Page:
A MATSITI commissioned study identified that there were 2,661 Aboriginal and Torres Strait Islander teachers in Australian schools in 2012, comprising 1.2 percent of the teacher population (MATSITI, 2014). Allowing for the constraints of the data collection, this was projected to be 3,700 teachers or just under 1.7 percent, still well below the 4.9 percent of Aboriginal and Torres Strait Islander students estimated to be in Australian schools at the time.

A subsequent workforce collection in 2015 revealed a net increase of 439 teachers since 2012. Whether this can be attributed to MATSITI is arguable. There are certainly indications in the analysis of the data that MATSITI provided the impetus for more culturally sensitive workplaces where teachers are more likely to identify. There was also a significantly renewed focus on strategies to contribute to the MATSITI objectives.

It appeared that the education community had risen to the challenge; a challenge that predated the work of Hughes and Willmot; a challenge that will need to continue to be met to achieve parity between the proportion of Aboriginal and Torres Strait Islander teachers and students in Australian schools.

The successes of recent years have been varied across the school education jurisdictions. Without a doubt, New South Wales has led the way in implementing strategies to increase the number of Aboriginal and Torres Strait Islander teachers and build the capacity of those teachers to aspire to leadership positions.

In 2005, there were 283 teachers in New South Wales public schools who identified as Aboriginal or Torres Strait Islander. This equated to 0.6 percent of teachers in public schools. By 2015, this had increased to 1,110 teachers or 2.23 percent. The advice of the NSW Department of Education is that this had increased to around 1,280 teachers in mid 2017.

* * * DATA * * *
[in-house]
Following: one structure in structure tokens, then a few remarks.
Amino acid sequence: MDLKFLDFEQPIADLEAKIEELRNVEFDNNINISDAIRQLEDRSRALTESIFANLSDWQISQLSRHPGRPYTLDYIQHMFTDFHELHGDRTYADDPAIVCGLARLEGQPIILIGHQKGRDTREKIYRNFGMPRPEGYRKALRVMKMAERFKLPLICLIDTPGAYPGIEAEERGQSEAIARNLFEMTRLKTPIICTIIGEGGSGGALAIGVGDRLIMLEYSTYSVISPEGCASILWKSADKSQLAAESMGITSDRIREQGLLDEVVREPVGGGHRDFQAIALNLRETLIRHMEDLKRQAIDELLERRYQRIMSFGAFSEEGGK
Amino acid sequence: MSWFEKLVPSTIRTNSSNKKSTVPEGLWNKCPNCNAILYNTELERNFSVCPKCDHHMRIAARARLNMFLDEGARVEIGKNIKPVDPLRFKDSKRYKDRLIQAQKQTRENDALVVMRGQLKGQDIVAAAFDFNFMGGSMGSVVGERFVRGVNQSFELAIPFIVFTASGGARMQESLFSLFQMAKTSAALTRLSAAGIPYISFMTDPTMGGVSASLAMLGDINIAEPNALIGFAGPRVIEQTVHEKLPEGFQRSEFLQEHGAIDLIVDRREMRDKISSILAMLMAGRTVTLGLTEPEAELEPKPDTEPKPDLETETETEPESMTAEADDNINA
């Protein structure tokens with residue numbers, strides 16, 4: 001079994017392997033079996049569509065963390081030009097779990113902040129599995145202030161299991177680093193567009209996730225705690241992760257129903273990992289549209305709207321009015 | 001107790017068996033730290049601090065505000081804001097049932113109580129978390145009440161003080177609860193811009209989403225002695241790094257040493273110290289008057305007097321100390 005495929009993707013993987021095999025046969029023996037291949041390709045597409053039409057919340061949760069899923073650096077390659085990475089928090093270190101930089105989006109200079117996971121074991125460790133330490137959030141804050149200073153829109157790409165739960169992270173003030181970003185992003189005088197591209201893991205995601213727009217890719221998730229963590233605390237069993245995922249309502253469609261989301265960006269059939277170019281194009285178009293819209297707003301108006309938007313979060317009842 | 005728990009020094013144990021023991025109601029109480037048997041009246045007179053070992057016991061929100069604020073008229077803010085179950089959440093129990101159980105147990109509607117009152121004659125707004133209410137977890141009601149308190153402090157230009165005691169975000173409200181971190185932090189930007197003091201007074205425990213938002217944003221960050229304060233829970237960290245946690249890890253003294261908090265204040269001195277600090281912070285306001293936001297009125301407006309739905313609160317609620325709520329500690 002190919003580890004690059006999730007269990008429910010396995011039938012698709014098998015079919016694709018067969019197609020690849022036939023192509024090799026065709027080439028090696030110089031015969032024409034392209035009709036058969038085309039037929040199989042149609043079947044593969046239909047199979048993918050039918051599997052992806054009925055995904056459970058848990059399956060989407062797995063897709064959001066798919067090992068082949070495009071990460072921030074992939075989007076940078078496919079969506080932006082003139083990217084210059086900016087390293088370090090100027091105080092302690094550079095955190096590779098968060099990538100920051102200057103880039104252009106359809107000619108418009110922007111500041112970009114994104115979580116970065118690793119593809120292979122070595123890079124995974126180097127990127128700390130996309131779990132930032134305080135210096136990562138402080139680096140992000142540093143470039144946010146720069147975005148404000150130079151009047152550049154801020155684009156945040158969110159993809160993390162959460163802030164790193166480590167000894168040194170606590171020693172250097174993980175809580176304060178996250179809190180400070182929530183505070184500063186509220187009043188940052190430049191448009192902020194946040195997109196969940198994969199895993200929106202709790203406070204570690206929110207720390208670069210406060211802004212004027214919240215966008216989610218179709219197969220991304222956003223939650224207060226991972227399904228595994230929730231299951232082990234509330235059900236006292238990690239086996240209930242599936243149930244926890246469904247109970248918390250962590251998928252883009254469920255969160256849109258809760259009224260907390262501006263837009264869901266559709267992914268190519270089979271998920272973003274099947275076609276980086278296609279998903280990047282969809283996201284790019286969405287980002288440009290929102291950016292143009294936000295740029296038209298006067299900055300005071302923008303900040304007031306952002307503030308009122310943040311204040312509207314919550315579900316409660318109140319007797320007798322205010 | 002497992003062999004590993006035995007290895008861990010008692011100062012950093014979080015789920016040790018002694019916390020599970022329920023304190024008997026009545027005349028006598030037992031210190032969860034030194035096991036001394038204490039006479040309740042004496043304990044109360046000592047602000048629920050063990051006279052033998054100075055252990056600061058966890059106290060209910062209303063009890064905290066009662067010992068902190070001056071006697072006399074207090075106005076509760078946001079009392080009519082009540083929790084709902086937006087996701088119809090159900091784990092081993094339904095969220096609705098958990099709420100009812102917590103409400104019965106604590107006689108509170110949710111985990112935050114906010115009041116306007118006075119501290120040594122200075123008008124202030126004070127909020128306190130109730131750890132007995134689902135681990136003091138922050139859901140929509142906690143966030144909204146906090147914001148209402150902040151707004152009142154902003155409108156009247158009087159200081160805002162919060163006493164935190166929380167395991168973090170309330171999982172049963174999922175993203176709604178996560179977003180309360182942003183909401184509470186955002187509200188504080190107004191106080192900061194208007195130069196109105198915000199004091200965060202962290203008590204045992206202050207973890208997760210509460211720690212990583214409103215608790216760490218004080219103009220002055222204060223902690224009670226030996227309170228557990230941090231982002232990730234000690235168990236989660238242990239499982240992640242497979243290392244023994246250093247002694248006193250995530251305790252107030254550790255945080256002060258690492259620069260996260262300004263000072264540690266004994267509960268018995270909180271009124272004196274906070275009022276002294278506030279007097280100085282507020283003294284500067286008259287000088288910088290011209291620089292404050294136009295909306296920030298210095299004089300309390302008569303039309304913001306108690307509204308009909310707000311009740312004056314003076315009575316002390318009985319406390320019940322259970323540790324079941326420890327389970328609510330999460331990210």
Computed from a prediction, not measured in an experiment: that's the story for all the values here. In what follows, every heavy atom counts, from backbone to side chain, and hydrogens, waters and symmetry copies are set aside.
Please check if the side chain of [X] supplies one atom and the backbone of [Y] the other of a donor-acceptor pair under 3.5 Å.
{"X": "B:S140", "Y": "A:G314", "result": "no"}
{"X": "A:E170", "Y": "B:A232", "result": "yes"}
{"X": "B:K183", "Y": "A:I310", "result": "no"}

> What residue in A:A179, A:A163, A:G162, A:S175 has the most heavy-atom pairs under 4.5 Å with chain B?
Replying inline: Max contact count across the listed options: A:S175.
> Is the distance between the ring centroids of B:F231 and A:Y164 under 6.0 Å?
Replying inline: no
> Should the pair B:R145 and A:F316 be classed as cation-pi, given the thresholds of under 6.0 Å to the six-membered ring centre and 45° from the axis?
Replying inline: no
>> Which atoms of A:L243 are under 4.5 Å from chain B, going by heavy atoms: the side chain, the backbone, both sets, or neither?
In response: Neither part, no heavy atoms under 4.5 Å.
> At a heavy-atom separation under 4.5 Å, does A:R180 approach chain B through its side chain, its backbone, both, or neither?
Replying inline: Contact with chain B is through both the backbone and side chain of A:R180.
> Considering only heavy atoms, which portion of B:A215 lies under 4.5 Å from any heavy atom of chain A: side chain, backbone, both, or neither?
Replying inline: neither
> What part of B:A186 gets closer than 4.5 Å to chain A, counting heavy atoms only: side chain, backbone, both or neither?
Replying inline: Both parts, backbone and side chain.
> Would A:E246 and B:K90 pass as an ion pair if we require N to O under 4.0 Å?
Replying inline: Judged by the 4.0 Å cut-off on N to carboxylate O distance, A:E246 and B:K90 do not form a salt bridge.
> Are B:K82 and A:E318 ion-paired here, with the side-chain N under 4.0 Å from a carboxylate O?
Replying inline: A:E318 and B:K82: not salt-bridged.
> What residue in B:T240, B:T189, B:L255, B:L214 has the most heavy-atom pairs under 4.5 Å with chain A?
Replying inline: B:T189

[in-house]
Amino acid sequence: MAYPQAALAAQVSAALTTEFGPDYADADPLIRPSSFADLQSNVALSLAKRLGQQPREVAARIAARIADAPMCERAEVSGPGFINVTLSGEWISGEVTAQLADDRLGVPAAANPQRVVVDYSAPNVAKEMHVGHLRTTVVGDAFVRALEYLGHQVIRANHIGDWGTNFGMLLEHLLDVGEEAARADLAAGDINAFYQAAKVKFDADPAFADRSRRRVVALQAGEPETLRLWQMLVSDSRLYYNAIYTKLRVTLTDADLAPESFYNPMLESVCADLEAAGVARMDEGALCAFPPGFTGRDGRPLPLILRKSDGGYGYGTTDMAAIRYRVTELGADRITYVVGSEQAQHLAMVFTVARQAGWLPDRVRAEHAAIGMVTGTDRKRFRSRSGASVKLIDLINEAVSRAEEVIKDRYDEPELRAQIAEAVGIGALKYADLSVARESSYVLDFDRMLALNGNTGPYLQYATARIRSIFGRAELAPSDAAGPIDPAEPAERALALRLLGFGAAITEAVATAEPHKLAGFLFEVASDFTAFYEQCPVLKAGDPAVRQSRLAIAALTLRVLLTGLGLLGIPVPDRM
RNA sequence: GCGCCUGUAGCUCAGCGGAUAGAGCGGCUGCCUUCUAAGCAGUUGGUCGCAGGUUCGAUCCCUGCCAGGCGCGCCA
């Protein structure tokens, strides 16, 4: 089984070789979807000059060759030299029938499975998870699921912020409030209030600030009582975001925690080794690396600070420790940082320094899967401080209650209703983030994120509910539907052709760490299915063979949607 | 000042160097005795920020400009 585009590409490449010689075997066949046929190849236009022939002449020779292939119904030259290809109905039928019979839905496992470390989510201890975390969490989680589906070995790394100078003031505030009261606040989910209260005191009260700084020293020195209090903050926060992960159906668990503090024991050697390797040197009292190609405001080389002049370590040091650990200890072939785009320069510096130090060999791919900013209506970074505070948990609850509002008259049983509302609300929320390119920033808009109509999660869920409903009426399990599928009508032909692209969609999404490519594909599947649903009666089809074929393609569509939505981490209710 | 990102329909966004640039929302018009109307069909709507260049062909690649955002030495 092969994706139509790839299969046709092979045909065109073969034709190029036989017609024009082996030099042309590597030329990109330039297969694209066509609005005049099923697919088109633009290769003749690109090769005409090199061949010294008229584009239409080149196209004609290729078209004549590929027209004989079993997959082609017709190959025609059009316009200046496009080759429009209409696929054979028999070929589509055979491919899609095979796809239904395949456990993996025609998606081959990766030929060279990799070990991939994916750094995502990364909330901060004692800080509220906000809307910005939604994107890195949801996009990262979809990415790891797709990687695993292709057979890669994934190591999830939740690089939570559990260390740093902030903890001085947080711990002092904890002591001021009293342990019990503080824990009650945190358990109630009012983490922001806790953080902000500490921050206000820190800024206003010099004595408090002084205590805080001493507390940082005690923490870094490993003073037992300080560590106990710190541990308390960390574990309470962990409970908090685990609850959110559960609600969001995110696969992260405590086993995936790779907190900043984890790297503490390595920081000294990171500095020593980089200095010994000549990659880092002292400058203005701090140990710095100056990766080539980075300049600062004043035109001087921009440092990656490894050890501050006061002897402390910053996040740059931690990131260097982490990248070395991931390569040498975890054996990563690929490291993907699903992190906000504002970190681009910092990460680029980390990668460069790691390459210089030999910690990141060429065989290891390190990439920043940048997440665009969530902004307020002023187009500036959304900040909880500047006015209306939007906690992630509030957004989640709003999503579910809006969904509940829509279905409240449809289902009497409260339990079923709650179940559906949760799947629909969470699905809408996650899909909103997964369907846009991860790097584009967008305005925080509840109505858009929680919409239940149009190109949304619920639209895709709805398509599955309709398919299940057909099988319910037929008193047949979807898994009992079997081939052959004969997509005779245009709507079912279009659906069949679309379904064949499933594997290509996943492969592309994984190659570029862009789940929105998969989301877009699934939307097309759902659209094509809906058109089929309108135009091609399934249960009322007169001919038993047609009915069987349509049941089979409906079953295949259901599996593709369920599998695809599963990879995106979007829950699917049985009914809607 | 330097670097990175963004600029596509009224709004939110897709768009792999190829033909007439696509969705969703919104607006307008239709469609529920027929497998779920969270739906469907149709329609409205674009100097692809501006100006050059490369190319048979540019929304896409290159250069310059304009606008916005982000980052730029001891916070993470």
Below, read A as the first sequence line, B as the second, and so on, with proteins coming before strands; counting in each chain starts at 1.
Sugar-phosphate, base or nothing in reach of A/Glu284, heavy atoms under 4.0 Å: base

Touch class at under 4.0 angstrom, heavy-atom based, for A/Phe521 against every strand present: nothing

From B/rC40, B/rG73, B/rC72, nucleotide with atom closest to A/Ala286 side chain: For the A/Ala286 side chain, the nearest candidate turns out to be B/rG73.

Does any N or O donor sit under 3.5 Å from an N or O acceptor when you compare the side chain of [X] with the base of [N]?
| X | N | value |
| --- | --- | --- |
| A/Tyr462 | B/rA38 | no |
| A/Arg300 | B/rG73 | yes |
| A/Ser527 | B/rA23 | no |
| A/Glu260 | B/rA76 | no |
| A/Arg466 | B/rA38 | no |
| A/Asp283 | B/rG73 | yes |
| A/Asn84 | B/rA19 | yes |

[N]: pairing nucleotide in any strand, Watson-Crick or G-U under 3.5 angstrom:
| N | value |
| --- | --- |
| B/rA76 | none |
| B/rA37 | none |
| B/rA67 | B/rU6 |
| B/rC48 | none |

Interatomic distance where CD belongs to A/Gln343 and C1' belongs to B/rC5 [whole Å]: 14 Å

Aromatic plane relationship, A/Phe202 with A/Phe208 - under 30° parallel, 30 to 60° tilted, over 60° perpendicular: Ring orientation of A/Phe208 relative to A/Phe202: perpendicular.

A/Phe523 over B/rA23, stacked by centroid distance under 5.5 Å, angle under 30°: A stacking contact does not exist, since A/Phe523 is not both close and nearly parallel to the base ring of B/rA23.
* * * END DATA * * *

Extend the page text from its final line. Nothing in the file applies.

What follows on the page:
How was this achieved?

Public Education in New South Wales is the only school education jurisdiction in Australia which provides ultimate preference for the employment of Aboriginal and Torres Strait Islander teachers. This is embedded in the Teaching Service Act 1980, the act which overarches the employment of all teachers in New South Wales public schools.

Since 2008, each staffing agreement between the NSW Teachers Federation and the Department of Education has ensured that the employment of Aboriginal teachers, along with incentive transfer applicants, is considered first when filling vacant teaching positions.

This has been accompanied by the successful Join Our Mob (NSW DoE) promotional recruitment campaign and strategies, including scholarships, mentoring and tailored career and leadership development programs.

The successes of New South Wales also hinged on the positive relationships developed between the Department of Education’s human resources team, officers of the NSW Teachers Federation and the leadership of the NSW Aboriginal Education Consultative Group.

Maintaining momentum

Why is parity between the proportion of Aboriginal and Torres Strait Islander teachers and students a desired objective?

A great strength of public schools is that they can be considered to be a microcosm of society, open to students from the breadth of ethnic, cultural and religious backgrounds. They also provide education to students across the diverse geography of Australia. It is therefore arguable that teachers and other staff in those schools should be similarly representative. While non-government schools tend to be much more narrowly focused, particularly in terms of religious background and their presence in rural and remote communities, they should not be precluded from more closely reflecting the society beyond their school gate.

Aboriginal sportspeople have long been held up as role models for young Aboriginal and Torres Strait Islander people. They are often portrayed in the media and public life as successful and can readily command attention from all levels of society.

Less readily portrayed by the media as aspirational role models are Aboriginal and Torres Strait Islander people across the professions, including those who have the greatest contact with young people, teachers. This is not due to any perceived lack of capacity to influence the futures of young Aboriginal and Torres Strait Islander people, but more likely a reflection of media attraction.

In addressing the issue of the “completion gap” for Aboriginal and Torres Strait Islander youth, Helme and Lamb (2011) conclude that a “school culture and leadership that acknowledges and supports Indigenous students and families is most important” in the engagement of Aboriginal and Torres Strait Islander students in schooling. “Involvement of the Indigenous community in education planning and provision” are among the factors which Helme and Lamb regard as essential.